But the relationship is broken. And the brokenness affects God. The brokenness does not exist simply between human beings or between them and God, it is carried inside God. The grief of a parent over her child destroying himself and rejecting her, and any love or help she seeks to give him, standing on the sidelines where he has thrust her, watching the inevitable destruction he is hurtling himself towards cannot begin to touch the grief within God’s own heart over what is unfolding in this creation God poured God’s soul into. And the devestating fracture runs deep between God and these ones God has planned to share life with who have utterly turned their backs on God and devoted themselves to the violent tearing down of one another at all cost.
And I wonder if at some point, amidst the grief and the anger, God doesn’t take it on Godself: this is God’s own failure as much as it is theirs. God made it, and clearly they are unable to pull themselves out of the death spiral, so God’s going to fix it. Wipe it out and start over.
So God reverses creation. In language paralleling the creation story, the dome of the sky that separated the waters collapses and the deep that was pushed out by land wells up again and everything is returned to the chaos from which it was liberated and created.
Except God can’t quite do it. Can’t quite obliterate all of it. It was so beautiful. so good and God loves it so much. Perhaps it could be good again? Perhaps it can be saved? So God chooses this one little family out of everyone else to save, to begin again. And a sample of every kind of animal as well; maybe it wont be an utter loss.
And then God rages and weeps and releases all of the wrath and sadness and anger, and creation is violently dismantled and returned to nearly the nothingness from which it first emerged, except for this boat, bobbing on top of it all, this odd little remnant of hope.
It’s a tragic and horrifying scene, a heartwrenching scene:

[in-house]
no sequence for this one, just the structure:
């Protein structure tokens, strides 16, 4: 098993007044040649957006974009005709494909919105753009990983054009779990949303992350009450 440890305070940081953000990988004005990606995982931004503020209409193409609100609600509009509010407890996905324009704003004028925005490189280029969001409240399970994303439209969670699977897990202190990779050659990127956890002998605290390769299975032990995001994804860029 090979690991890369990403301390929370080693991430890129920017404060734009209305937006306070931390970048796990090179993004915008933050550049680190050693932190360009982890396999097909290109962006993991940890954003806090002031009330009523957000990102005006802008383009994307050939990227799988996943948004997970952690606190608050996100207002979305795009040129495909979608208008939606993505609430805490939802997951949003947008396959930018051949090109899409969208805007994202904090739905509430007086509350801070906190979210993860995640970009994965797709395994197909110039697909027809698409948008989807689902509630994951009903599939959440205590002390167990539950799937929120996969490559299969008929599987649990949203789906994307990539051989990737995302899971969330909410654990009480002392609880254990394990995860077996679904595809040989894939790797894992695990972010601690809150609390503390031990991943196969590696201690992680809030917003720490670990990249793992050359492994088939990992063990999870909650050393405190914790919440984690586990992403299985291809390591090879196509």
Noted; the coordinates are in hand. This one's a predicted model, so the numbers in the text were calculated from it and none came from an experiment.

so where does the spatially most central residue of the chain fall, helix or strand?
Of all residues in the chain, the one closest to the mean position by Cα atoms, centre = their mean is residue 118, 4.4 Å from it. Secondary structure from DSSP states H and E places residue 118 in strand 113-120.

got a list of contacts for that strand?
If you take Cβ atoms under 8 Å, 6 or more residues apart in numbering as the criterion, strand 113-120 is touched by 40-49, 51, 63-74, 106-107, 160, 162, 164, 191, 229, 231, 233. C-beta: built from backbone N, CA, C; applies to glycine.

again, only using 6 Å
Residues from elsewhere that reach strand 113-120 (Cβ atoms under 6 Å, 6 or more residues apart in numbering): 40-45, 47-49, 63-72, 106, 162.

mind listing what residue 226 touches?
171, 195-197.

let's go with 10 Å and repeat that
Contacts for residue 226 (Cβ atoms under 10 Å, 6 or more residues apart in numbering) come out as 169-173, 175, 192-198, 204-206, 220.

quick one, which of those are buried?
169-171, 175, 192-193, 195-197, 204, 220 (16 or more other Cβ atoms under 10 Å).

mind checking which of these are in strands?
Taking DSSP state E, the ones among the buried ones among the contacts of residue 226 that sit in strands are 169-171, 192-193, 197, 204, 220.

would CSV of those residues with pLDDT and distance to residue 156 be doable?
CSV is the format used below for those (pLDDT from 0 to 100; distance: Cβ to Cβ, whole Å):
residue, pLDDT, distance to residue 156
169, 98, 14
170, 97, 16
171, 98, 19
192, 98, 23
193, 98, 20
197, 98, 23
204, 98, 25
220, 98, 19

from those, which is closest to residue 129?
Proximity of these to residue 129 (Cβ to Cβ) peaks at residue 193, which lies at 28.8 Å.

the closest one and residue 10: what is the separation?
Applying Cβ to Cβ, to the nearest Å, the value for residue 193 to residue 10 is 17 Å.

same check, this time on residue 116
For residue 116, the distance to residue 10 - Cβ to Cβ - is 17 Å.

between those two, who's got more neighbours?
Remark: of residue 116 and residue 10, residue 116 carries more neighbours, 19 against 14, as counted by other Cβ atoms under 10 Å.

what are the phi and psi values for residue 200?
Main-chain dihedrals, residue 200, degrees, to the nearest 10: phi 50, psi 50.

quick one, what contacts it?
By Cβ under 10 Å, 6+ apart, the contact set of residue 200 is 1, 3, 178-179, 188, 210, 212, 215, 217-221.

21And all flesh died that moved on the earth, birds, domestic animals, wild animals, all swarming creatures that swarm on the earth, and all human beings; 22everything on dry land in whose nostrils was the breath of life died. 23He blotted out every living thing that was on the face of the ground, human beings and animals and creeping things and birds of the air; they were blotted out from the earth. Only Noah was left, and those that were with him in the ark. 24And the waters swelled on the earth for one hundred and fifty days.
Then after this purging and cleansing, the time of recreation begins:
But God remembered Noah and all the wild animals and all the domestic animals that were with him in the ark. And God made a wind blow over the earth, and the waters subsided; 2the fountains of the deep and the windows of the heavens were closed, the rain from the heavens was restrained, 3and the waters gradually receded from the earth.
And finally the ark comes to rest and the inhabitants pour out into a brand new world.
Then God said to Noah and to his sons with him, 9‘As for me, I am establishing my covenant with you and your descendants after you, 10and with every living creature that is with you… that never again shall all flesh be cut off by the waters of a flood, and never again shall there be a flood to destroy the earth.’
12God said, ‘This is the sign of the covenant that I make between me and you and every living creature that is with you, for all future generations: 13I have set my bow in the clouds, and it shall be a sign of the covenant between me and the earth….16When the bow is in the clouds, I will see it and remember the everlasting covenant between God and every living creature of all flesh that is on the earth.’
And here’s the kicker. Here is where the story turned and grabbed me, where I realized I don’t hate this story at all. This is a marvelous story, an astounding story, a deeply and beautifully true story: